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China’s Top Taiwan Affairs Official Visits Island After Protests

Zhang Zhijun And Wang Yu-chi
Chinese official Zhang Zhijun, director of the Taiwan Affairs Office, left, shakes hands with his Taiwanese counterpart Wang Yu-chi, director of Taiwan's Mainland Affairs Council (MAC), at a hotel in Taoyuan on June 25, 2014. Photographer: Sam Yeh/AFP/Getty Images

June 26 (Bloomberg) -- China’s top official in charge of cross-strait affairs began a four-day trip to Taiwan yesterday, two months after protests halted a trade pact between the two economies.

Zhang Zhijun, who is also a member of the Communist Party’s central committee that elects China’s elite Politburo, arrived in Taipei yesterday, the first head of the State Council’s Taiwan Affairs Office to visit Taiwan. His first words on arrival were in the local Minnan dialect, the official Xinhua News Agency reported.

The second meeting between the two governments comes as popular sentiment toward Taiwan President Ma Ying-jeou’s policies fostering closer economic ties with China have chilled. Protests in March and April halted the legislative review of a cross-strait trade deal opening up service industries on both sides to markets and competition. Two-way trade reached $197.2 billion in 2013, almost double the amount five years earlier.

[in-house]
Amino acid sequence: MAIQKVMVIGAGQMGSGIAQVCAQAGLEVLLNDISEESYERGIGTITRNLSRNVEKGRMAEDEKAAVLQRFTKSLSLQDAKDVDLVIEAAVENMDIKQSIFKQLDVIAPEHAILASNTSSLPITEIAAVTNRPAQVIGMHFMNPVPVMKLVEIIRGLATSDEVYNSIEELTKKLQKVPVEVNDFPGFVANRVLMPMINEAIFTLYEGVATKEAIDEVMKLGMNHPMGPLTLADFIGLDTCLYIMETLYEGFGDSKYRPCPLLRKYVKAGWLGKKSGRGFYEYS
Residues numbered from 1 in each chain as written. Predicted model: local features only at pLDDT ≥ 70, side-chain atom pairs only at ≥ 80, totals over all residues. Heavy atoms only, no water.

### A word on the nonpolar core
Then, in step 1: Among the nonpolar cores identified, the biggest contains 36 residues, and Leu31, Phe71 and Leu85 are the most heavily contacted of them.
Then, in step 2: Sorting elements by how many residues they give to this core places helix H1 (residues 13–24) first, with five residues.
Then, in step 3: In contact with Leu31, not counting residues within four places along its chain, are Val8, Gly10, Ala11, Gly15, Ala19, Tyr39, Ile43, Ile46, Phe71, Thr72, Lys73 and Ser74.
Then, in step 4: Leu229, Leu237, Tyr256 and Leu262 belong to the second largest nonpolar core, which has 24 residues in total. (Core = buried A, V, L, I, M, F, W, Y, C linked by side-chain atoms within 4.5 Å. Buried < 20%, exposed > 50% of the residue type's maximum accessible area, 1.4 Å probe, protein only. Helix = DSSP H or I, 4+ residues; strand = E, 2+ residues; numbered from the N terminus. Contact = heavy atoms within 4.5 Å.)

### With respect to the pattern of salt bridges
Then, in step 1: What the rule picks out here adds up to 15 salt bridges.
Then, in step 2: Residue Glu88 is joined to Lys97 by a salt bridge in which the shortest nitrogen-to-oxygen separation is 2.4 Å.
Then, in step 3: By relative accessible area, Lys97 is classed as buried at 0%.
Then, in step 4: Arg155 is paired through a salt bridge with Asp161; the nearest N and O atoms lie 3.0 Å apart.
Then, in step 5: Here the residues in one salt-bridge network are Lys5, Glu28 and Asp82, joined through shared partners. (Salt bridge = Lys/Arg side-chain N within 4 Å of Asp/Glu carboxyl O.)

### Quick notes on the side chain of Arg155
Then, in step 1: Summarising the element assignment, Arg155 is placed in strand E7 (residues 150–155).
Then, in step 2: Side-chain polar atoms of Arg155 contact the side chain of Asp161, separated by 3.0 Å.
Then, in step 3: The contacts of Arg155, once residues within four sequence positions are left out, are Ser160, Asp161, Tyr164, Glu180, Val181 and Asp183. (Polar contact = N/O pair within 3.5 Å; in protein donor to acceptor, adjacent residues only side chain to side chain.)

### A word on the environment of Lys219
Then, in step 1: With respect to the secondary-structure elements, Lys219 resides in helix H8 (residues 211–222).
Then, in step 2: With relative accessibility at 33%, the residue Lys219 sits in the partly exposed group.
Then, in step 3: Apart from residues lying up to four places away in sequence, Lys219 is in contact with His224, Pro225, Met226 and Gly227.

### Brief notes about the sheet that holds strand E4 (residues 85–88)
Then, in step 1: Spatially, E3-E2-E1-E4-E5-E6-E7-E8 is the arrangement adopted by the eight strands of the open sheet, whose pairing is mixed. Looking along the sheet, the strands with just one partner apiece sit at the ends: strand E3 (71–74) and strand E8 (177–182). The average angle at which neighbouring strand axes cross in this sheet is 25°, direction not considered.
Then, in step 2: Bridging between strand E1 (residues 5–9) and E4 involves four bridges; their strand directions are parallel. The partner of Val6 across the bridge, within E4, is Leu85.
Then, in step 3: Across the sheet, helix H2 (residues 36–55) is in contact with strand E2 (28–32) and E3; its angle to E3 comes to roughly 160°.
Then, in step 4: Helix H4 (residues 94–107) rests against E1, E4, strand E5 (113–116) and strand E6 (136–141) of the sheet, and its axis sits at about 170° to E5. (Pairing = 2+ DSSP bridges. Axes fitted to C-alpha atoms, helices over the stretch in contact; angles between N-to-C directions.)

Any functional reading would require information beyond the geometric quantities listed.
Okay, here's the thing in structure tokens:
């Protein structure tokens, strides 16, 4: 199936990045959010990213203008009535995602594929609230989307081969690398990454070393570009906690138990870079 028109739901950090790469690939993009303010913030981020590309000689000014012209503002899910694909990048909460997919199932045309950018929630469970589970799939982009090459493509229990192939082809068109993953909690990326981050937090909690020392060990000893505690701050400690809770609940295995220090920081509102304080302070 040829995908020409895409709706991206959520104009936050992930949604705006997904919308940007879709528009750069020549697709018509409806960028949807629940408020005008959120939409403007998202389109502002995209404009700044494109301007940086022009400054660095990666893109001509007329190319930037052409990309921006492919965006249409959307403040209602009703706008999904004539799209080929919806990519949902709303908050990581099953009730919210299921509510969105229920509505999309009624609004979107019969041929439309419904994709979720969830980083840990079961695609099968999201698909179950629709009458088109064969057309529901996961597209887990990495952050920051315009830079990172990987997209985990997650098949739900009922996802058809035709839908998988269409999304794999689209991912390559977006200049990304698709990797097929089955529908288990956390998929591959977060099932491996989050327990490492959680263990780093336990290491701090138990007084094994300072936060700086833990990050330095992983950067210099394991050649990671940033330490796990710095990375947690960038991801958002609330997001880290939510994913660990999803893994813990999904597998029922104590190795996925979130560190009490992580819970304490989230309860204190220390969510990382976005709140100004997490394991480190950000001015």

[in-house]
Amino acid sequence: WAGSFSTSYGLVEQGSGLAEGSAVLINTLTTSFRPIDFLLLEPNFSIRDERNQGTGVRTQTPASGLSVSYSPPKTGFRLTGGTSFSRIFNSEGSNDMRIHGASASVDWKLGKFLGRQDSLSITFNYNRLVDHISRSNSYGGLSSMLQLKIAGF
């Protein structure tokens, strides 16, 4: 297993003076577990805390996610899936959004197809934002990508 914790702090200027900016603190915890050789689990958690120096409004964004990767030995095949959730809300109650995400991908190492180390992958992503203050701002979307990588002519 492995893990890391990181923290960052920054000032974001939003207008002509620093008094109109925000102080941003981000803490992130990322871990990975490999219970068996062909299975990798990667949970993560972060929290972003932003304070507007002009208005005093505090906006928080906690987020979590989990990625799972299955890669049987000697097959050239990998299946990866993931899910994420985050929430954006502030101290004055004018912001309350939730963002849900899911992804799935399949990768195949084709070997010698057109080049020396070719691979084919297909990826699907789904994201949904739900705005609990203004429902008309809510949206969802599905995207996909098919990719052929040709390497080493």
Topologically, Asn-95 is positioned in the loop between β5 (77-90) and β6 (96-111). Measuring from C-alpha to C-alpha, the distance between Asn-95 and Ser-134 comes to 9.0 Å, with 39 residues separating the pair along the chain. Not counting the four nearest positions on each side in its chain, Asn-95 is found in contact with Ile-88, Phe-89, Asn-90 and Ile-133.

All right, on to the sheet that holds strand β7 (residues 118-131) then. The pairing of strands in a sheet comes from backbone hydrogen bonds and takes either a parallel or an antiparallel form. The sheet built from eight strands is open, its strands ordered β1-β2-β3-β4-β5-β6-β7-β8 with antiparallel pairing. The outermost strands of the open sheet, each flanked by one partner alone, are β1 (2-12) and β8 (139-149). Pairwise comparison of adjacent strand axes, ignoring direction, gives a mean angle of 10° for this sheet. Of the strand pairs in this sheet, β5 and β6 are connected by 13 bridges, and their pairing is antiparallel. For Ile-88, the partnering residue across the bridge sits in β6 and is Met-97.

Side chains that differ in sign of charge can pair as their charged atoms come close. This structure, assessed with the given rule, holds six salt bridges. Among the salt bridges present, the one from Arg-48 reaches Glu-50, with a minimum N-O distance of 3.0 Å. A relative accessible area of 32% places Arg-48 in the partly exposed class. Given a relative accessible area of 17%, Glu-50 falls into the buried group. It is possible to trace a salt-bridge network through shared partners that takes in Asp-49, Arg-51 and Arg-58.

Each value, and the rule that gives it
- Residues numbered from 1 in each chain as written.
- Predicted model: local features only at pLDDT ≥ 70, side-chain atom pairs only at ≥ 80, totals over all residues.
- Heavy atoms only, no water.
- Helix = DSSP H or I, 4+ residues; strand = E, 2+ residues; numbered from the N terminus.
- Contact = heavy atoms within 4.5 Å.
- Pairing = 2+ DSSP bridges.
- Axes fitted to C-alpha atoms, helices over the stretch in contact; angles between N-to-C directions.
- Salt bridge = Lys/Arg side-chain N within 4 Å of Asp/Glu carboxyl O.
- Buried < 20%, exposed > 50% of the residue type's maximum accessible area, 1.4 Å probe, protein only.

Expectations for the visit should not be too high, the mainland’s Global Times newspaper said in an editorial today. Zhang was greeted at the airport by people wearing T-shirts advocating independence, it said, an atmosphere not conducive to a political breakthrough.

Physical fighting between opposition party Taiwan Solidarity Union members and supporters of Zhang broke out at the Taoyuan airport, Taipei-based Central News Agency reported today.

Zhang-Wang Meeting

Zhang and his counterpart, Wang Yu-chi, Taiwan’s Mainland Affairs Council Minister, met for two hours yesterday in the northern Taiwan city of Taoyuan, Xinhua said, and agreed to improve the communication mechanism between their two departments and work to move forward negotiations held under the Economic Cooperation Framework Agreement signed in 2010.

The two met in February in the former Chinese capital of Nanjing in what was the first official contact between the two governments since Chiang Kai-shek fled the mainland during a civil war in 1949.

“My flight from Beijing to Taipei took me less than three hours. But it took us 65 years to make that flight possible,” Zhang said during the meeting, Xinhua reported.

Zhang will travel to New Taipei today then to Kaohsiung and Taichung meeting mayors as well as experts, college students, farmers, fishermen, business people and others, Xinhua said. Taiwan will hold mayoral elections in November.

To contact Bloomberg News staff for this story: Henry Sanderson in Beijing at hsanderson@bloomberg.net

To contact the editors responsible for this story: Rosalind Mathieson at rmathieson3@bloomberg.net Debra Mao, Tony Jordan

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